Adding a Silicon Power 512GB SSD to my Mac Pro 2008

TLDR; here’s the main points:

  • Restore a Time Machine backup using Recovery, not from Disk Utils from the MacOS installer
  • If an uninitialized SSD is not visible to Disk Utils, it may show up under ‘diskutils list’
  • If still not visible, put it in a USB drive enclosure where it should get detected, then initialize it

I picked up a cheap $50 512GB SSD to add to my Mac Pro 2008. I already have Windows 10 on one SSD, but decided it was time to replace the WD Blue 5000rpm drive also with an SSD. Backed up El Capitan to Time Machine, and now ready to add the new drive.

I mounted it in a Sabrent 2.5 to 3.5 caddy, and then attached to one of my drive sleds.

I’ve had good luck with new and even refurb drives over the past couple of years, this Silicon Power SSD is the first drive that’s given me issues, as it’s not visible in Disk Utils or even to ‘diskutils list’ which normally detects and lists an installed drive even though it’s not usable. Not knowing if it was the SATA connectors, I removed all my other disks, and moved it between each of the 4 slots, and no go, it was still not detected in MacOS Recovery Disk Utils, either when booted into El Cap, or in Windows 10.

First attempt to see what was going on, I tried downloading Silicon Power’s SP Toolbox software, and Windows Defender says it has a trojan:

Ok, well that’s not good. Uninstalled.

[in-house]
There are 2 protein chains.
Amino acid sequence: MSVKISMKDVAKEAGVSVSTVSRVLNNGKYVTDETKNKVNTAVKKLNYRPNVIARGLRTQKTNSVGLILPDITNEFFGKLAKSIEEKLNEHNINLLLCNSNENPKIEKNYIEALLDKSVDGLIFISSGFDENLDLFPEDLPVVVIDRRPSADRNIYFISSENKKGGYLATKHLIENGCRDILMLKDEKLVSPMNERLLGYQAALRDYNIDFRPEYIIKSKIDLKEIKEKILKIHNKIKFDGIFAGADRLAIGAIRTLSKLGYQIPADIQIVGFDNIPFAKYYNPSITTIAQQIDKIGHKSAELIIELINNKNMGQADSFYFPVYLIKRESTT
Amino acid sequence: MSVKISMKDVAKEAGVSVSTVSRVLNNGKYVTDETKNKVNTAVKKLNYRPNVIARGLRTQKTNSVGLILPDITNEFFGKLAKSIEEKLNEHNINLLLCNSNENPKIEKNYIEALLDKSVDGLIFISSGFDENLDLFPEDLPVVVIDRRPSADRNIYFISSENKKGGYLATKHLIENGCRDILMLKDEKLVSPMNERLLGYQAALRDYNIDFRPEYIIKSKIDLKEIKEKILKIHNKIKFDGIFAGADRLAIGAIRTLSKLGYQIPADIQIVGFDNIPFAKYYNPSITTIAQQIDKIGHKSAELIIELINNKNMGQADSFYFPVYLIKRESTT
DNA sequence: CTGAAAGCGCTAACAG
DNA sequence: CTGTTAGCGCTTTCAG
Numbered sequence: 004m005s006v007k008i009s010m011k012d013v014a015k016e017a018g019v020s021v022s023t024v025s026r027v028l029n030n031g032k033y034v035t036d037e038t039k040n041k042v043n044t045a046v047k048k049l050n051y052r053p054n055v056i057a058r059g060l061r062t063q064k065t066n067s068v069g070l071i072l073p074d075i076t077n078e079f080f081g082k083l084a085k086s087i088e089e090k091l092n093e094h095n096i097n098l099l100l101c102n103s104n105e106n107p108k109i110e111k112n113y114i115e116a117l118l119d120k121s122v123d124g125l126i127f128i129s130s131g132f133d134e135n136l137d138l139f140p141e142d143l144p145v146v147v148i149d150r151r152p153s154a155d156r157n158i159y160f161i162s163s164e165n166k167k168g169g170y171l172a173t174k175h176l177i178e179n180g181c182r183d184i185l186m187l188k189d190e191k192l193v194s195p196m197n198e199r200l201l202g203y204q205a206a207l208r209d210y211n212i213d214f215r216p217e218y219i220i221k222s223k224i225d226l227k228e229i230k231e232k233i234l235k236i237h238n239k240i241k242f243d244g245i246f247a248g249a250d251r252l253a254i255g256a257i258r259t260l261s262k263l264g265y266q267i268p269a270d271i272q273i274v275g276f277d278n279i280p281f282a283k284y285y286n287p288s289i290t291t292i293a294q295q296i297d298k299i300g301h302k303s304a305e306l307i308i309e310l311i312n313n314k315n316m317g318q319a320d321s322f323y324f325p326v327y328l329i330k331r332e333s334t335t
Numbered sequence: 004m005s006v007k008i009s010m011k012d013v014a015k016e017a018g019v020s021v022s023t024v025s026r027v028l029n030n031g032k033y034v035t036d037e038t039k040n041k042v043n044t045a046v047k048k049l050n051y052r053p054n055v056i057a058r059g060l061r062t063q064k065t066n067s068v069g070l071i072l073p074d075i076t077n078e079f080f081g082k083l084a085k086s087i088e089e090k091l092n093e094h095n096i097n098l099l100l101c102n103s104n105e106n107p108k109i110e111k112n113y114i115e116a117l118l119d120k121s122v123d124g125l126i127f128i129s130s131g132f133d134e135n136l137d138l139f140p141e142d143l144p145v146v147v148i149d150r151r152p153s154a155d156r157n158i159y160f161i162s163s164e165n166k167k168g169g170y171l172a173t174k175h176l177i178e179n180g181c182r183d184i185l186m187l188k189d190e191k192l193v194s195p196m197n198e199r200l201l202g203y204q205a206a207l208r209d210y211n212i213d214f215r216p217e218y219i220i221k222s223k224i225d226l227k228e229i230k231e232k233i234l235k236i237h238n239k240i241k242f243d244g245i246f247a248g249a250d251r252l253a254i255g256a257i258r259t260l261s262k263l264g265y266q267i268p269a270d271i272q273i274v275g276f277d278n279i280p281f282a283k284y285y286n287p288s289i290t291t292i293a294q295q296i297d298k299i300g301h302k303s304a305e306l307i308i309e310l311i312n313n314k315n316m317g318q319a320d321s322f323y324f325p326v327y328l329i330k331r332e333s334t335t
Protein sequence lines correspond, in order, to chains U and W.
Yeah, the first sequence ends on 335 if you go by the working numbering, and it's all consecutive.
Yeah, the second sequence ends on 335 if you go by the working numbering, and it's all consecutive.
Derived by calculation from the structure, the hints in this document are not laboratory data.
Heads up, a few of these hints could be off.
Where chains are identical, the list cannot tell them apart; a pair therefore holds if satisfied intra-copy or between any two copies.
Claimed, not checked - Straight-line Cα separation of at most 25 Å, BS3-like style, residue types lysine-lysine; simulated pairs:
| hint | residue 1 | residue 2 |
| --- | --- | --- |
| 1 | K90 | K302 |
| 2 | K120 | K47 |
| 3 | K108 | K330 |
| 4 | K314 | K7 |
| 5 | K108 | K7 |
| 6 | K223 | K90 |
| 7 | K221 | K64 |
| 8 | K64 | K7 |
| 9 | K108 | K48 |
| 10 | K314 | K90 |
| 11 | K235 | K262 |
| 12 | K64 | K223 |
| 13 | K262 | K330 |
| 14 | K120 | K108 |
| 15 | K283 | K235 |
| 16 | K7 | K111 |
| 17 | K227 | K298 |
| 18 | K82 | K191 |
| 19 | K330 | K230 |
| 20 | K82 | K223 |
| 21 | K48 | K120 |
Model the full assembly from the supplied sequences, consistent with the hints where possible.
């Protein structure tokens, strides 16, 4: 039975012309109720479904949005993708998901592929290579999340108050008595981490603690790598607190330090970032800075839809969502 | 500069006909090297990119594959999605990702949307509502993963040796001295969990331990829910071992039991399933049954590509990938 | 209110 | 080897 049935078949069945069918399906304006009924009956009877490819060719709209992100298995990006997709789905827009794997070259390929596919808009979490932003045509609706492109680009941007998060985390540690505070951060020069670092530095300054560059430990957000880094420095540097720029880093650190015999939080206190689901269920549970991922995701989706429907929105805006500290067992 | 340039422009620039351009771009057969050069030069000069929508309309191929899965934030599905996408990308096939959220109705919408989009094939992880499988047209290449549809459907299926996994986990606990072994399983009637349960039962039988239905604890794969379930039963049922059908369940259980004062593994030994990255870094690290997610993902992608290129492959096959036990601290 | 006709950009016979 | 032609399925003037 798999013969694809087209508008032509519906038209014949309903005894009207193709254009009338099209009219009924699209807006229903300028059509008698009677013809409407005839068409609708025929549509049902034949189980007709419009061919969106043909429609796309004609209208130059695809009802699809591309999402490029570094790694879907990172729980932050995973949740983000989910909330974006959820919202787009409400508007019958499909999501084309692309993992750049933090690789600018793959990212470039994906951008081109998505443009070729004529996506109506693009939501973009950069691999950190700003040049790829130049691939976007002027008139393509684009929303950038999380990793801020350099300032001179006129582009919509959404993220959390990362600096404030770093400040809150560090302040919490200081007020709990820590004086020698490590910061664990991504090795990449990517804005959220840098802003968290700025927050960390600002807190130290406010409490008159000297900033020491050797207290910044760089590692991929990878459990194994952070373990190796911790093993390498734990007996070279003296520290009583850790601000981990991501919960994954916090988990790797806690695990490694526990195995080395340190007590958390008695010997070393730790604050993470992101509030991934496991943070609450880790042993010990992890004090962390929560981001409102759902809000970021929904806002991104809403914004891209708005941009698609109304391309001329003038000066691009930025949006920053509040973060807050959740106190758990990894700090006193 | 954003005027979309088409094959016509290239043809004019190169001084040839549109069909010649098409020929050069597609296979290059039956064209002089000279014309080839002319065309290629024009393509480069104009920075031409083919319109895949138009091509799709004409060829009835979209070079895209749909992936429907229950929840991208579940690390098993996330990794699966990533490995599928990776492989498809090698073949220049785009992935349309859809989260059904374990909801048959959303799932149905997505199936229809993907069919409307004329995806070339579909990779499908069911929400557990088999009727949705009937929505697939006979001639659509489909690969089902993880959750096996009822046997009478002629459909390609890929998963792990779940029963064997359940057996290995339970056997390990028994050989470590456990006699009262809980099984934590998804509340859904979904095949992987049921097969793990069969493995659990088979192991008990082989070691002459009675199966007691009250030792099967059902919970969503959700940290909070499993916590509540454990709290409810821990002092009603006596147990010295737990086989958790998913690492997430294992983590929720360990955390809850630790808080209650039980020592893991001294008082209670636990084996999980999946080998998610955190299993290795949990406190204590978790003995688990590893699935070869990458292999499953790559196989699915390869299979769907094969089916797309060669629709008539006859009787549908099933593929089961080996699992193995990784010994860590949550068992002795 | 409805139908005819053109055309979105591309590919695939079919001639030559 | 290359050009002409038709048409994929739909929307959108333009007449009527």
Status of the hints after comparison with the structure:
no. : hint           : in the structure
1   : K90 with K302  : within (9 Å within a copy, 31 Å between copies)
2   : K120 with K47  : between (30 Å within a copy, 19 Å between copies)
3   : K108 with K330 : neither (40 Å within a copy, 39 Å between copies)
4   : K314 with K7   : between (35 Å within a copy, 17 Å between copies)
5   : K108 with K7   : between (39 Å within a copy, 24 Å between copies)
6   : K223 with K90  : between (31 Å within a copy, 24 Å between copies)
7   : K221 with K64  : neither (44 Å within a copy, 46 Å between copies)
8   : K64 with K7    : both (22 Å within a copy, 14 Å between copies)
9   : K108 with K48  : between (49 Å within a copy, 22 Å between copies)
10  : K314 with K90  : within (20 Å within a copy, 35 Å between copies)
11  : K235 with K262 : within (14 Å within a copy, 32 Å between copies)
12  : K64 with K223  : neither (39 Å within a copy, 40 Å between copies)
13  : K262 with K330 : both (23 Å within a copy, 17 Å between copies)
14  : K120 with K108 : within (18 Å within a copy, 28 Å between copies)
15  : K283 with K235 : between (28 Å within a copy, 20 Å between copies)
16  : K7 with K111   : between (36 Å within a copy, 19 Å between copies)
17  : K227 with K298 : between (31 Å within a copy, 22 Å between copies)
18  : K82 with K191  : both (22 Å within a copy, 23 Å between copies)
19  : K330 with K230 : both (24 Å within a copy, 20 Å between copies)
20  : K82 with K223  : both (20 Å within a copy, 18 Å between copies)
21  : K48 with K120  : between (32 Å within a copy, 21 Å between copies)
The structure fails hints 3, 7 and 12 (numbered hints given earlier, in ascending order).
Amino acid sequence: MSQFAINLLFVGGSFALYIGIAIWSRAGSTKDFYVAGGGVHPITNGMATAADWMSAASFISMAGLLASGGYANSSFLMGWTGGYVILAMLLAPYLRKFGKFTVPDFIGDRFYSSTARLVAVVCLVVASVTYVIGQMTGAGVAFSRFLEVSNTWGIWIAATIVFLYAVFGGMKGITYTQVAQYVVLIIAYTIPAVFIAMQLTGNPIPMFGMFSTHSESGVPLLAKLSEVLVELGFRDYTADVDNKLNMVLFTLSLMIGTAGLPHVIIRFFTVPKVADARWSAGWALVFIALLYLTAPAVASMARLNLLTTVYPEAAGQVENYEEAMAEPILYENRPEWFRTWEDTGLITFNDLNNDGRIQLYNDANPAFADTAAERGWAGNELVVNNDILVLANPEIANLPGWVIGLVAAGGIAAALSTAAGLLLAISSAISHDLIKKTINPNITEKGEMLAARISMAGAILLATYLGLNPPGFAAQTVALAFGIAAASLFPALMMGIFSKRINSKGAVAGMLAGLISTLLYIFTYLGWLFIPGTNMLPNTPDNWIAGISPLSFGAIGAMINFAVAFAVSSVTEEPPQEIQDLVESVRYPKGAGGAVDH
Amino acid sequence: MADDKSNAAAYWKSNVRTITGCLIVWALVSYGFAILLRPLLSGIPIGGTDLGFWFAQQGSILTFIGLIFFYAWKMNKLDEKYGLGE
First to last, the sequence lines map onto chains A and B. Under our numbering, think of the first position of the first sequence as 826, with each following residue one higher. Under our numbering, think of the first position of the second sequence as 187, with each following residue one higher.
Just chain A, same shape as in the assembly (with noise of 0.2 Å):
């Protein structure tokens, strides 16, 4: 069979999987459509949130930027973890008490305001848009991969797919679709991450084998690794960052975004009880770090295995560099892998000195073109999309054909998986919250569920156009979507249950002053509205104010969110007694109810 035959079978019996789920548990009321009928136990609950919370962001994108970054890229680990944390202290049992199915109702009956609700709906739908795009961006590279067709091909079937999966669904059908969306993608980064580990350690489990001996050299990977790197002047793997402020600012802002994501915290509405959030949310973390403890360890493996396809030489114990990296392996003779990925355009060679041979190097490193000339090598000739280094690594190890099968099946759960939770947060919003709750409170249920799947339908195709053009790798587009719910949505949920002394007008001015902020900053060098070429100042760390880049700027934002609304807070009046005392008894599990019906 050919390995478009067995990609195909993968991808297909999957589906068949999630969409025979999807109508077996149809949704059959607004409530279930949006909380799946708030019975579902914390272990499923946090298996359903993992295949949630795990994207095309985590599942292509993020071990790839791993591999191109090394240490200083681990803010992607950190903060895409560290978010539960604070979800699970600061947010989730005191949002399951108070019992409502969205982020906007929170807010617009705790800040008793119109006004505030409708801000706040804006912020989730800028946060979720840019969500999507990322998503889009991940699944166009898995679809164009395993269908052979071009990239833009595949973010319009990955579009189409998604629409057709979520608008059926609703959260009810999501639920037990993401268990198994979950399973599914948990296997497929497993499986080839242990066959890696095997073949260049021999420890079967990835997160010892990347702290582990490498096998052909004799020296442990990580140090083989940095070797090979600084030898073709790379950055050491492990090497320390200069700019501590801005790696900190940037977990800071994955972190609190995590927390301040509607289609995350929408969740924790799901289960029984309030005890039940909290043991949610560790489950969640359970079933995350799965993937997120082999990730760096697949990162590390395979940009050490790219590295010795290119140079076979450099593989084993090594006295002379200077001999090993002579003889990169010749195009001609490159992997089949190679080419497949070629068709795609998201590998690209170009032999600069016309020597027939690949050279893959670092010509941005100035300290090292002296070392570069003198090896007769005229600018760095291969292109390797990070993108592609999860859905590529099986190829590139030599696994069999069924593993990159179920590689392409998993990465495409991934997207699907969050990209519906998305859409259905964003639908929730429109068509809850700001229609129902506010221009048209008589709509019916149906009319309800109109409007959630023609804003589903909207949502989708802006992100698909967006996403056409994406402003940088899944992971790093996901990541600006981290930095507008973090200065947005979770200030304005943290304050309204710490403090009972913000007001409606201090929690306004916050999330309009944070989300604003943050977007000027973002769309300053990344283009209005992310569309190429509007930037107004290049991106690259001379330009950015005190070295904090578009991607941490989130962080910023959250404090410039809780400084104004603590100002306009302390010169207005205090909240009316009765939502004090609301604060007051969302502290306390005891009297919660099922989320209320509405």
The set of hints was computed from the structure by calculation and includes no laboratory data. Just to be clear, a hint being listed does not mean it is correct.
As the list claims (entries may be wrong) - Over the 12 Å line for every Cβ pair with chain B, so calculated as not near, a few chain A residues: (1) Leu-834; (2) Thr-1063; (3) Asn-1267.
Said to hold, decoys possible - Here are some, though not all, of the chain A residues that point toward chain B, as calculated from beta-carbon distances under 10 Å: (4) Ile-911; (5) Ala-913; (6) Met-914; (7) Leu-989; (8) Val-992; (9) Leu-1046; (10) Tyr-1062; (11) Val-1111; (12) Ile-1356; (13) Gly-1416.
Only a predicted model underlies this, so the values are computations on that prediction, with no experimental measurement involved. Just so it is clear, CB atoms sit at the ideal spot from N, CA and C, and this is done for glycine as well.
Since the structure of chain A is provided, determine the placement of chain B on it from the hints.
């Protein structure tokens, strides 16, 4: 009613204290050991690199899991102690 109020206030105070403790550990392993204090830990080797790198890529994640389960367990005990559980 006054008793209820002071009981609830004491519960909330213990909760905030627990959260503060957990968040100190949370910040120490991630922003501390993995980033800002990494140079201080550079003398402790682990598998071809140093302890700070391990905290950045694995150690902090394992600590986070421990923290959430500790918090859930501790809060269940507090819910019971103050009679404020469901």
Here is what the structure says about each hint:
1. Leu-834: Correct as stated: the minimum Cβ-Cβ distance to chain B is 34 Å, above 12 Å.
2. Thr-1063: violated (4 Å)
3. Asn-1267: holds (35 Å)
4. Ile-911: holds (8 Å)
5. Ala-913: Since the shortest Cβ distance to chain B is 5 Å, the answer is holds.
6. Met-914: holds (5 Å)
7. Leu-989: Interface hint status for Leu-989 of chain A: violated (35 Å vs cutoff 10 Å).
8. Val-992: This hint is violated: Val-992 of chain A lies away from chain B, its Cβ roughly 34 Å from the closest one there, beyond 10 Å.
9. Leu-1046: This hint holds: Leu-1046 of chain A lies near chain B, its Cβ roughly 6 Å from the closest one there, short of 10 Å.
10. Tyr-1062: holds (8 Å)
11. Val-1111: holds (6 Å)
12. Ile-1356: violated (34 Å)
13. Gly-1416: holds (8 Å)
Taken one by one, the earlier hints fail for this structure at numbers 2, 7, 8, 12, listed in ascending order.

To double check that the drive could be detected on other machines I uninstalled it and moved it to a USB3 external drive enclosure. Windows 10 Disk Management now sees the disk as uninitialized, and pops up a dialog to initialize it as either MBR or GPT. Ok, picked GPT but haven’t formatted it yet. Going to now book back into MacOS Recovery to see if I can format it, and restore my TimeMachine backup. Back in a few mins.

Ok. So I have a Recovery partition that for some reason does not boot. The other option is to boot from an MacOS El Cap bootable USB flash drive and restore from Disk Utils there. I tried this and when I selected the ‘Restore…’ menu option, selected the Time Machine USB drive and the SSD as the target, I ended up restoring a copy of the content of the Time Machine backup onto the SSD, but it’s not bootable. First clue that this happened should have been from the boot menu screen when I had 2 identical orange Time Machine drive icons, and not a new silver bootable disk.